CONTACT: PETER ALEXANDER
100 Old Public Library
Iowa City IA 52242
(319) 384-0072; fax (319) 384-0024
UI CAMPUS NOTES -- IOWA CENTER FOR THE ARTS
OLD CAPITOL CENTER PUTS ON THE DOGS OCT. 7 -- The public and the media
will have an opportunity to meet the Tap Dogs cast and sample their industrial-strength
Australian version of tap dancing at 12:30 p.m. Tuesday, Oct. 7, in the
Old Capitol Mall in downtown Iowa City. (Please note that earlier publicity
listed noon as the starting time.)
Hancher Auditorium will present eight Tap Dogs performances, Oct. 7-12.
The 12:30 p.m. event will include a drawing for free Tap Dogs tickets,
Tap Dogs t-shirts and free meals at Jimmy's Bistro in Iowa City. The public
can sign up for the drawing at the Tap Dogs construction-site display in
the Old Capitol Mall.
The Old Capitol Mall demonstration will also feature two young people
from Grant Wood Elementary School in Iowa City, who will be taught a brief
Tap Dogs routine.
The MC for the event will be Dennis Green, an on-air personality at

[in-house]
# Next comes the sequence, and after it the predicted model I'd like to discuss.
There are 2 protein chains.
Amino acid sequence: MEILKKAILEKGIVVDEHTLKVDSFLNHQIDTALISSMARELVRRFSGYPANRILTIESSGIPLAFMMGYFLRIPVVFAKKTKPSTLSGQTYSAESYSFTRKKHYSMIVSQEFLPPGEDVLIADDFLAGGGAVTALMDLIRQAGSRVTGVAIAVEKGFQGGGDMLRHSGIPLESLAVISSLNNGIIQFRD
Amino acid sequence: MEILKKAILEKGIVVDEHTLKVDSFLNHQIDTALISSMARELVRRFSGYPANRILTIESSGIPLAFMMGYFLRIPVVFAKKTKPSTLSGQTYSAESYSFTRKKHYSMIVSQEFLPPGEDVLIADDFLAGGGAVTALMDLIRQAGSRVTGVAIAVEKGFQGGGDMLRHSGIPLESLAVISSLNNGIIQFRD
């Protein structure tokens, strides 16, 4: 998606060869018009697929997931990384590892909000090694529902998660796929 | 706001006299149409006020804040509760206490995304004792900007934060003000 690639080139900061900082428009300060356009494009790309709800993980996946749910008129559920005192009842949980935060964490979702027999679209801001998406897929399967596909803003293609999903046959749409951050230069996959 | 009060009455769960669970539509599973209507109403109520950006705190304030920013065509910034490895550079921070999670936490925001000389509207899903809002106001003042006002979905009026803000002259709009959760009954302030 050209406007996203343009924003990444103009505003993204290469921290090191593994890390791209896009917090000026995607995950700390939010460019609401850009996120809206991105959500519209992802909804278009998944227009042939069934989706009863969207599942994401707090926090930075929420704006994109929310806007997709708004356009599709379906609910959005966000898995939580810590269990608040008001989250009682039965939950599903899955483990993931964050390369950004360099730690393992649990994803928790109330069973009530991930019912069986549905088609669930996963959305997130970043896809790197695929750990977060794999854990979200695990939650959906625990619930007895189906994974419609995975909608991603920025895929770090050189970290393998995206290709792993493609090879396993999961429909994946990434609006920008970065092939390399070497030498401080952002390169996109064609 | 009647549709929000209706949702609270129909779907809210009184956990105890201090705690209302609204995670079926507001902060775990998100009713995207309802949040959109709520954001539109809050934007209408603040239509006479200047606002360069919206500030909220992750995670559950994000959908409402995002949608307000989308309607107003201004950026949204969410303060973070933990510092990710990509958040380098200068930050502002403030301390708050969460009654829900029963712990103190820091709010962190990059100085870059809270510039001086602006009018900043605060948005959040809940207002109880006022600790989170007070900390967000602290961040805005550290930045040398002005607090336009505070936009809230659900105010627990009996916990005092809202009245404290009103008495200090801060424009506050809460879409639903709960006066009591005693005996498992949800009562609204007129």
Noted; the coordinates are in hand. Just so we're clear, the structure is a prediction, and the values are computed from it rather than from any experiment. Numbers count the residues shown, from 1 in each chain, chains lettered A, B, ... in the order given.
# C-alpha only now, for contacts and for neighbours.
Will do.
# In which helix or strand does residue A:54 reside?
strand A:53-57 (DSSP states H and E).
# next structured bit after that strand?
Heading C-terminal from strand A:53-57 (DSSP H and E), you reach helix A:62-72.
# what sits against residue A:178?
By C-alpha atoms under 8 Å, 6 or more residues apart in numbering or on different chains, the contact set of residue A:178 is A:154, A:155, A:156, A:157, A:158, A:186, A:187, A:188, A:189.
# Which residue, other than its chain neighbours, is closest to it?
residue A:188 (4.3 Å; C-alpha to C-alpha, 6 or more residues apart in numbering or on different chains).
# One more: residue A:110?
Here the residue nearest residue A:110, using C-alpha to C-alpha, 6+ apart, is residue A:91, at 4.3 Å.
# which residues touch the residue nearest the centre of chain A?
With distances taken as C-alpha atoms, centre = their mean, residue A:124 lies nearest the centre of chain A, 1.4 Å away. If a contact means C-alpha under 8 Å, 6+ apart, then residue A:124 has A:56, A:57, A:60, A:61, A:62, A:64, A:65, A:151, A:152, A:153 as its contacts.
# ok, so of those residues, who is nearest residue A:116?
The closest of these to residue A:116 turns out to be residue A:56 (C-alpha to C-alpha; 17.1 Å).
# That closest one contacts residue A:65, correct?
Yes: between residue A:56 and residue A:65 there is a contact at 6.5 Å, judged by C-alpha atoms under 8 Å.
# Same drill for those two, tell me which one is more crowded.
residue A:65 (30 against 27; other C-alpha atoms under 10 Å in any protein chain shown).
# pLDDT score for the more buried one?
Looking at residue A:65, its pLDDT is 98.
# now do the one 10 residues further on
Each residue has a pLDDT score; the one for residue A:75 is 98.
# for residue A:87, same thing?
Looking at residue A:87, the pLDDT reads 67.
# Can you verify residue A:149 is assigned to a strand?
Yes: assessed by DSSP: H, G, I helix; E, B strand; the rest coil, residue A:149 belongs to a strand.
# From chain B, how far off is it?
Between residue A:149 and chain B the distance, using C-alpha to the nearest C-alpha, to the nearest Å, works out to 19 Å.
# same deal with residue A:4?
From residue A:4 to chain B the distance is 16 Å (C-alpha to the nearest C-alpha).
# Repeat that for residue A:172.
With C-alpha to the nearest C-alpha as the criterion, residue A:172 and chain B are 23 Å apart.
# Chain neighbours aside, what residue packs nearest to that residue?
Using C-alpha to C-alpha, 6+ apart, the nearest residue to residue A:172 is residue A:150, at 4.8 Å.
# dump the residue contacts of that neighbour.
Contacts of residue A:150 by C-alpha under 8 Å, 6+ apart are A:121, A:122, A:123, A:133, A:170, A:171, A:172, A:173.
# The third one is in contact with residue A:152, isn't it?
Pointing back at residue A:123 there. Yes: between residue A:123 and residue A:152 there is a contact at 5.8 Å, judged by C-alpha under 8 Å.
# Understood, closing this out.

KDAT-FM, one of the corporate sponsors of Tap Dogs through the University
of Iowa Foundation.
Following the Old Capitol Mall event the Tap Dogs will move across the
street to Active Endeavors, an outlet for Blundstone boots, the Australian
work boots worn in Tap Dogs performances.
Tickets for the Tap Dogs performances are available from the Hancher
box office, 319-335-1160, or toll-free in Iowa and western Illinois, 1-800-HANCHER.
* * *
WAGNER LECTURE OCT. 10 -- Berthold Hoeckner will present a free public
lecture on "Wagner and Evil" at 1:30 p.m. Friday, Oct. 10, in
Room 1027 of the Voxman Music Building on the University of Iowa campus.
Hoeckner, who is an assistant professor at the University of Chicago,
is a musicologist specializing in the music of the 19th century. In 1996
he was commissioned by the Chicago Lyric Opera to present a series of lectures
preceding performances of Wagner's monumental "Ring" cycle. The
Oct. 10 talk has been adapted from those lectures.
In his talk, Hoeckner will focus on the controversial issues of Wagner's
anti-semitism and nationalism. He will examine issues of ethics and evil
in Wagner's writings and the music itself, as well as the problematic reception
and appropriation of Wagner's music over the years.
Hoeckner's talk will be presented by the Musicology Colloquium and Theory
Seminar of the UI School of Music.
* * *
IWP AND WRITERS' WORKSHOP READINGS SERIES OCT. 12 -- The University
of Iowa International Writing Program (IWP) and the Iowa Writers' Workshop
will present a joint reading by poet Lourdes Espinola of Paraguay and fiction